LONDON – Low-cost carrier easyJet (U2) has announced that it plans to cut its workforce by around 30%, a decision subject to consultation.

This means that around 4,500 of the 15,000-strong workforce will lose their jobs.

This is part of the airline’s overall strategy to reduce costs in the wake of the Coronavirus pandemic. The carrier is due to restart operations on June 15.

Such passenger demand will only reach 30% of the capacity recorded in the fourth quarter of last year, with full recovery expected to take around three years.

Johan Lundgren, the easyJet CEO commented on the prospective job cuts, stating that the airline is focusing on “doing what is right for the company and its long-term health and success.”

“We realize these are very difficult times and we are having to consider very difficult decisions which will impact our people – but we want to protect as many jobs as we can for the long term”, he added.

This adds another problem to those the airline has had to face over the last few weeks.

Internal conflicts within the airline has seen U2 founder Sir Stelios Haji-Ioannou try to oust the entire executive board over an Airbus cancelation that Lundgren refuses to go through with.

That the airline can easily make job cuts but not cancel aircraft orders for better liquidity could be portrayed as a sense of irony amongst its workers and consumers.

Another issue has been the data breach which has happened within the last week, affecting around nine million customers.

Lawsuits suggest that if all claims are successful, U2 could be liable for damages in excess of £18b due to this breach being the biggest in the UK aviation sector so far.

An0ther such cost-cutting measure will see the airline reducing its fleet to around 302 aircraft, which will be about 51 aircraft fewer than the anticipated fleet number for the end of 2021 prior to COVID-19.

Photo: Mark Harkin

Lundgren also commented on this fleet reduction, stating it is about the optimisation of the fleet network.

“Against this backdrop, we are planning to reduce the size of our fleet and to optimise the network and our bases. As a result, we anticipate reducing staff numbers by up to 30 percent across the business and we will continue to remove cost and non-critical expenditure at every level. We will be launching an employee consultation over the coming days.”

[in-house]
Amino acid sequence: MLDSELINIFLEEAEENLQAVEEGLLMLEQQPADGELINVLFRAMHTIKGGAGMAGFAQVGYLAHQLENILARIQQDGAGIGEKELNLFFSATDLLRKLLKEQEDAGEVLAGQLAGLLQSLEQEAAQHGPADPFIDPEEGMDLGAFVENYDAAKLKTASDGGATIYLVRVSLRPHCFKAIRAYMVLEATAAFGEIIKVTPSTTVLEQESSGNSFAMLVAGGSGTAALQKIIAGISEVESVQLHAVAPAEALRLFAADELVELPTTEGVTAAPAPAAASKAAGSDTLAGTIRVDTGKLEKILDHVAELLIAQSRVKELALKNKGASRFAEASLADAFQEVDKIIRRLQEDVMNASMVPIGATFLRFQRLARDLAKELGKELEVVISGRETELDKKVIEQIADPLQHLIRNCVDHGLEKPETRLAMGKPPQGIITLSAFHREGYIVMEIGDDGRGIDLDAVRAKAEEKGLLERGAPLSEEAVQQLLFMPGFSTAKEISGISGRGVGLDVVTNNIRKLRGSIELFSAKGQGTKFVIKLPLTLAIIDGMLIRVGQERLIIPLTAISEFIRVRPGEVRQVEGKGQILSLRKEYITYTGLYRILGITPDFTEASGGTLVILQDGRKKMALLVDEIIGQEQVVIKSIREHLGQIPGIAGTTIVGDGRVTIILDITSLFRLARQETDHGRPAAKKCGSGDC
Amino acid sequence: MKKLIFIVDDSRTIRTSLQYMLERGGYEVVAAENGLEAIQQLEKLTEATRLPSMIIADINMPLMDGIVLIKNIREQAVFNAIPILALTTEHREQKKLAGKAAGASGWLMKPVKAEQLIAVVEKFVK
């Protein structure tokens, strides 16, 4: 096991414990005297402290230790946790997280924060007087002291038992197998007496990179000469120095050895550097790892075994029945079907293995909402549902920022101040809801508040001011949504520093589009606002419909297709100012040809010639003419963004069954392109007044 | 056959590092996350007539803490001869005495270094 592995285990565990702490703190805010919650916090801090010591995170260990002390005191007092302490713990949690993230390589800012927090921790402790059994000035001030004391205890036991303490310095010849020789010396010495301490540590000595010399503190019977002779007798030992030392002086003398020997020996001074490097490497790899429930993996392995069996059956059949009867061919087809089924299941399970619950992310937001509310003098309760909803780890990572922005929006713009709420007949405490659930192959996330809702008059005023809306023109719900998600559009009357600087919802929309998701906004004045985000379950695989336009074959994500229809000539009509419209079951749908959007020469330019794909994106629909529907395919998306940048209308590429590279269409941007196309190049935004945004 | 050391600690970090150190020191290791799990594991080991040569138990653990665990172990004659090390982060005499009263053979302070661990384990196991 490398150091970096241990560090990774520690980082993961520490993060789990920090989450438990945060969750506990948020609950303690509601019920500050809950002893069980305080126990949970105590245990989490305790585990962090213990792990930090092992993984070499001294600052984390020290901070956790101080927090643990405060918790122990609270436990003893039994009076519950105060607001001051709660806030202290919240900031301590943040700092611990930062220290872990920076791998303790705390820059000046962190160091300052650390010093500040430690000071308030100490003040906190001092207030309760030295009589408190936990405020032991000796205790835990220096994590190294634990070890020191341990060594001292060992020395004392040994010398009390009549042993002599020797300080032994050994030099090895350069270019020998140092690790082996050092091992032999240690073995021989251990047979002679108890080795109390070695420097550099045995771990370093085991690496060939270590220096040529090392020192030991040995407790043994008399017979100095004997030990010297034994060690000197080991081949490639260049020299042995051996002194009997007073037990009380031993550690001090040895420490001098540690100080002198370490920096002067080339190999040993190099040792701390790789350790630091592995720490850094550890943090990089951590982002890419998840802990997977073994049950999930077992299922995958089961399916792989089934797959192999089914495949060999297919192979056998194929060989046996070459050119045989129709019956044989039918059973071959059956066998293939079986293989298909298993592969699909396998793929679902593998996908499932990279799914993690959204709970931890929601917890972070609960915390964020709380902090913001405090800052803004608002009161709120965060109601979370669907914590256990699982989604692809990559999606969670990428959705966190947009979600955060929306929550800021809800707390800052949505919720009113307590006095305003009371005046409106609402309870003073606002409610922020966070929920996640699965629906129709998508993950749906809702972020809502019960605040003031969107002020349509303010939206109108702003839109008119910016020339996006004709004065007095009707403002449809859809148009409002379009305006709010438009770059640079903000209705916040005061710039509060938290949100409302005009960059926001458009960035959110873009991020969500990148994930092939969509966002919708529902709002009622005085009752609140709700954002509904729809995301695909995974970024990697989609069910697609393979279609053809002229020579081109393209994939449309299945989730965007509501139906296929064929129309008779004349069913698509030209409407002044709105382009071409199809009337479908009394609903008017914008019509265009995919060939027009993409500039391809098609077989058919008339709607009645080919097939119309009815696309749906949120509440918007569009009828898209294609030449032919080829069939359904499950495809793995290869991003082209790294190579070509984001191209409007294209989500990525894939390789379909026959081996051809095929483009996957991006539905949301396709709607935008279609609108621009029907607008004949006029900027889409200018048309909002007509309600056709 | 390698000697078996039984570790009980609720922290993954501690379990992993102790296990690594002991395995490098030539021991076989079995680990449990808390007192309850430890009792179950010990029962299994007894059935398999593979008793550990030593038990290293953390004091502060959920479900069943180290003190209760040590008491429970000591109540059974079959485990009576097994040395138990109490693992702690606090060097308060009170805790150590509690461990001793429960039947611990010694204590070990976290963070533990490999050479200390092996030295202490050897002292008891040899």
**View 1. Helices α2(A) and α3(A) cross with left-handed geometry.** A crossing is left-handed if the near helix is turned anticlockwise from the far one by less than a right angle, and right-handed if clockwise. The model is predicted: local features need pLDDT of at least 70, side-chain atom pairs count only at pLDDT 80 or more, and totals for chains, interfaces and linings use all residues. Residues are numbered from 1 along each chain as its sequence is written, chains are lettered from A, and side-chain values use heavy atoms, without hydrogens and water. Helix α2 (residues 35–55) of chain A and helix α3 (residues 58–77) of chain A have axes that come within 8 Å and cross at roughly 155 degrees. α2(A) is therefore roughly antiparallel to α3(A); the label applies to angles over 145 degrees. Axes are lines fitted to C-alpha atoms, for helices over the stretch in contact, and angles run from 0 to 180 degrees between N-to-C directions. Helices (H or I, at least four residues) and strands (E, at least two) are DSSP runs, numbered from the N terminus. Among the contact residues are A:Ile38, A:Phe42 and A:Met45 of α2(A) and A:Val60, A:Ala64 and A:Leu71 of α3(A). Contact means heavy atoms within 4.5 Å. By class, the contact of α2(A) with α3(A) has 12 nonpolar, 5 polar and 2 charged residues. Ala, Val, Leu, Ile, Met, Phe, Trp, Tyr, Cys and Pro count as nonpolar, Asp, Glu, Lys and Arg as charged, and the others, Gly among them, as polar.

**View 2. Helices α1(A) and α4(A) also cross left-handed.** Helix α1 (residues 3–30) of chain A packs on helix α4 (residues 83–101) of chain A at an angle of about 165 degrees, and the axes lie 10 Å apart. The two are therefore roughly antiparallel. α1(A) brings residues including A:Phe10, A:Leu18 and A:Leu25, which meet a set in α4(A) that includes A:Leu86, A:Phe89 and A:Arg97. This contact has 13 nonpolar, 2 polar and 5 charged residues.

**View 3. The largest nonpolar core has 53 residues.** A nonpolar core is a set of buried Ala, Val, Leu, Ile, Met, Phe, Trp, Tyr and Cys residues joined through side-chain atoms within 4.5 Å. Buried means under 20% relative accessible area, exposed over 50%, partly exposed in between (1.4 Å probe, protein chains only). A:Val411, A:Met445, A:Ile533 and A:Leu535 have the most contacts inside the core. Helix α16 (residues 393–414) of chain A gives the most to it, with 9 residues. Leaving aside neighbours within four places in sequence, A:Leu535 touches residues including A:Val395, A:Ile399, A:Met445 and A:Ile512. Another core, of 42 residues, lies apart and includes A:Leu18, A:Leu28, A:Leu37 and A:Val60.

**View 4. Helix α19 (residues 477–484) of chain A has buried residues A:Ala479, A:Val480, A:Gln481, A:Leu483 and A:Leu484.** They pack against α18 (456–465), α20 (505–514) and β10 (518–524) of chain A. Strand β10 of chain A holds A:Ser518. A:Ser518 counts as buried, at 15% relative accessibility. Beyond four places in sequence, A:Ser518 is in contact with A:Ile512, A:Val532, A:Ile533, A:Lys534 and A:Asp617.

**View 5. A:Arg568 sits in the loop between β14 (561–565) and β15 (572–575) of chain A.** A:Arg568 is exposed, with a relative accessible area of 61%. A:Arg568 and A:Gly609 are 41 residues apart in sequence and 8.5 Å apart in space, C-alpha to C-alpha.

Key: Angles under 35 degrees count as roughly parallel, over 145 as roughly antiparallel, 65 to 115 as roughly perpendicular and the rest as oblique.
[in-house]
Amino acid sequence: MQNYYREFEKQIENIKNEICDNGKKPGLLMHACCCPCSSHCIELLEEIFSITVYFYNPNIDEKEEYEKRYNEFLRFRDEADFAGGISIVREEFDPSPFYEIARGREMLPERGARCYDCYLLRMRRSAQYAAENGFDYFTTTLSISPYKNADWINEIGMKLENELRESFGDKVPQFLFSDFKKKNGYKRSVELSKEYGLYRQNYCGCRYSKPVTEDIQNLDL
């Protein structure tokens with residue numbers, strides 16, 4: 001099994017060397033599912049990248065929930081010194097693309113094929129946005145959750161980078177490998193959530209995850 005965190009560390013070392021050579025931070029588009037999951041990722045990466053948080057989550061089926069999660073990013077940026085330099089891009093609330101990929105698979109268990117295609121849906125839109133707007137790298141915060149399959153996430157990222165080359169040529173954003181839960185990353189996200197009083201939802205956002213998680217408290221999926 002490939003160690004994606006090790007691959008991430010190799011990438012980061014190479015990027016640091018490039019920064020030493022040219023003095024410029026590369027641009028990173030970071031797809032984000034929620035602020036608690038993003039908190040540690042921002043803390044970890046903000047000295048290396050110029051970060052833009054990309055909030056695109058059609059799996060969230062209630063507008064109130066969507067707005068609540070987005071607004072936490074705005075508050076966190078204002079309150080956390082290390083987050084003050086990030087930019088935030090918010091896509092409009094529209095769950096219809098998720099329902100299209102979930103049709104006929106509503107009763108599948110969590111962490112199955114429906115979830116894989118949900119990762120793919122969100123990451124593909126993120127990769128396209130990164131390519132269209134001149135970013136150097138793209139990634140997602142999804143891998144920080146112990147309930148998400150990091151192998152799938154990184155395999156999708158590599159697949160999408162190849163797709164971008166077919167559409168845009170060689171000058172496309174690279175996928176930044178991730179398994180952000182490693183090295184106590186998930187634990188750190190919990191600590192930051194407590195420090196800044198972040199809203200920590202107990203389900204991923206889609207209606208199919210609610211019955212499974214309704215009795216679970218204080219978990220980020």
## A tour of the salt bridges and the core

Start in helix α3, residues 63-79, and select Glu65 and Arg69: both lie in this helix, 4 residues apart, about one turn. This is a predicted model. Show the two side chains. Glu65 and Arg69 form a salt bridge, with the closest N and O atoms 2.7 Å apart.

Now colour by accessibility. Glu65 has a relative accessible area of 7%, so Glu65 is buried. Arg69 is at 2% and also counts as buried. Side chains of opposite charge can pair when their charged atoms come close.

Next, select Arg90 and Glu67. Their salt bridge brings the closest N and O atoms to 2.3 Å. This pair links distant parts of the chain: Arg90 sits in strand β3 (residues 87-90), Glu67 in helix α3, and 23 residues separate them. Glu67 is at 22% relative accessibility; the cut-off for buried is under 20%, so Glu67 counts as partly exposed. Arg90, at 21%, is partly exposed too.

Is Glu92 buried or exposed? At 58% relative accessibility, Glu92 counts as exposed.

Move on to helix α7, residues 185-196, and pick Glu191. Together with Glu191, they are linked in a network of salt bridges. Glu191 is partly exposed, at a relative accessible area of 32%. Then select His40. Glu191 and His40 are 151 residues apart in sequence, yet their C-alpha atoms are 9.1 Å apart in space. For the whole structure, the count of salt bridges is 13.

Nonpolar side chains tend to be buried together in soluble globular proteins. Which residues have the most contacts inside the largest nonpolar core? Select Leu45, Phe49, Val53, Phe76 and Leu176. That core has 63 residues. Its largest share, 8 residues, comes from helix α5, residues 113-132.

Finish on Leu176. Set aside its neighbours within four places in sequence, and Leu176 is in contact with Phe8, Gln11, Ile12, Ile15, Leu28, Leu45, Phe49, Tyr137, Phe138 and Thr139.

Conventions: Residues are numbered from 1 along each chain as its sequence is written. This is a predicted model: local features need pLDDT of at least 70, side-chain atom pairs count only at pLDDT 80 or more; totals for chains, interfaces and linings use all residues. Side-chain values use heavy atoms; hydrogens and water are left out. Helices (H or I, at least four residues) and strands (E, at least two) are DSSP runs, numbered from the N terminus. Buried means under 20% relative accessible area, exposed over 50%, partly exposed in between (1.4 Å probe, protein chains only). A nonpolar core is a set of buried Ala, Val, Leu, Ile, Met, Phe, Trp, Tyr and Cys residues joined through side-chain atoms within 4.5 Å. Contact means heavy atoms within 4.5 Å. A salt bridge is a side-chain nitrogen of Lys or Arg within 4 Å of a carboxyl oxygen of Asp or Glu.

Viability Being Reduced?

Last week, Airways approached easyJet for a comment about the viability of the carrier with spokesperson Kirsten de Haan who stated that the cash flow is there.

“As we have explained at our trading update on 16 April, 2020, we have sufficient cash reserves to manage through a prolonged fleet grounding of nine months and have further options beyond that”, she said.

With sufficient cash reserves there, why would there be the need to cut such jobs if it is so confident about its financials? Or could it be the fact that it is down to the “further options beyond that” perspective she sent to us?

As mentioned in this article, there may be some level of discomfort that will come out of this regarding the Airbus order that hasn’t been canceled.

easyJet claims that the order cannot be canceled because of the conditions for such cancelations not being allowed during the COVID-19 pandemic.

Photo: Ryan Taylor

Either way, the airline stood by it, saying that such an order is “integral to the company’s future success.”

Therefore, with the airline suggesting it is viable yet still making cuts, then that would suggest otherwise in the sense that it is looking at a way to reduce the cash burn to an even lower point than it already is.

Either way, it remains clear that like with many other carriers globally, easyJet is making significant strides in order to remain afloat and also to ensure it is in a position strong enough to turn over a profit by the time this is all over.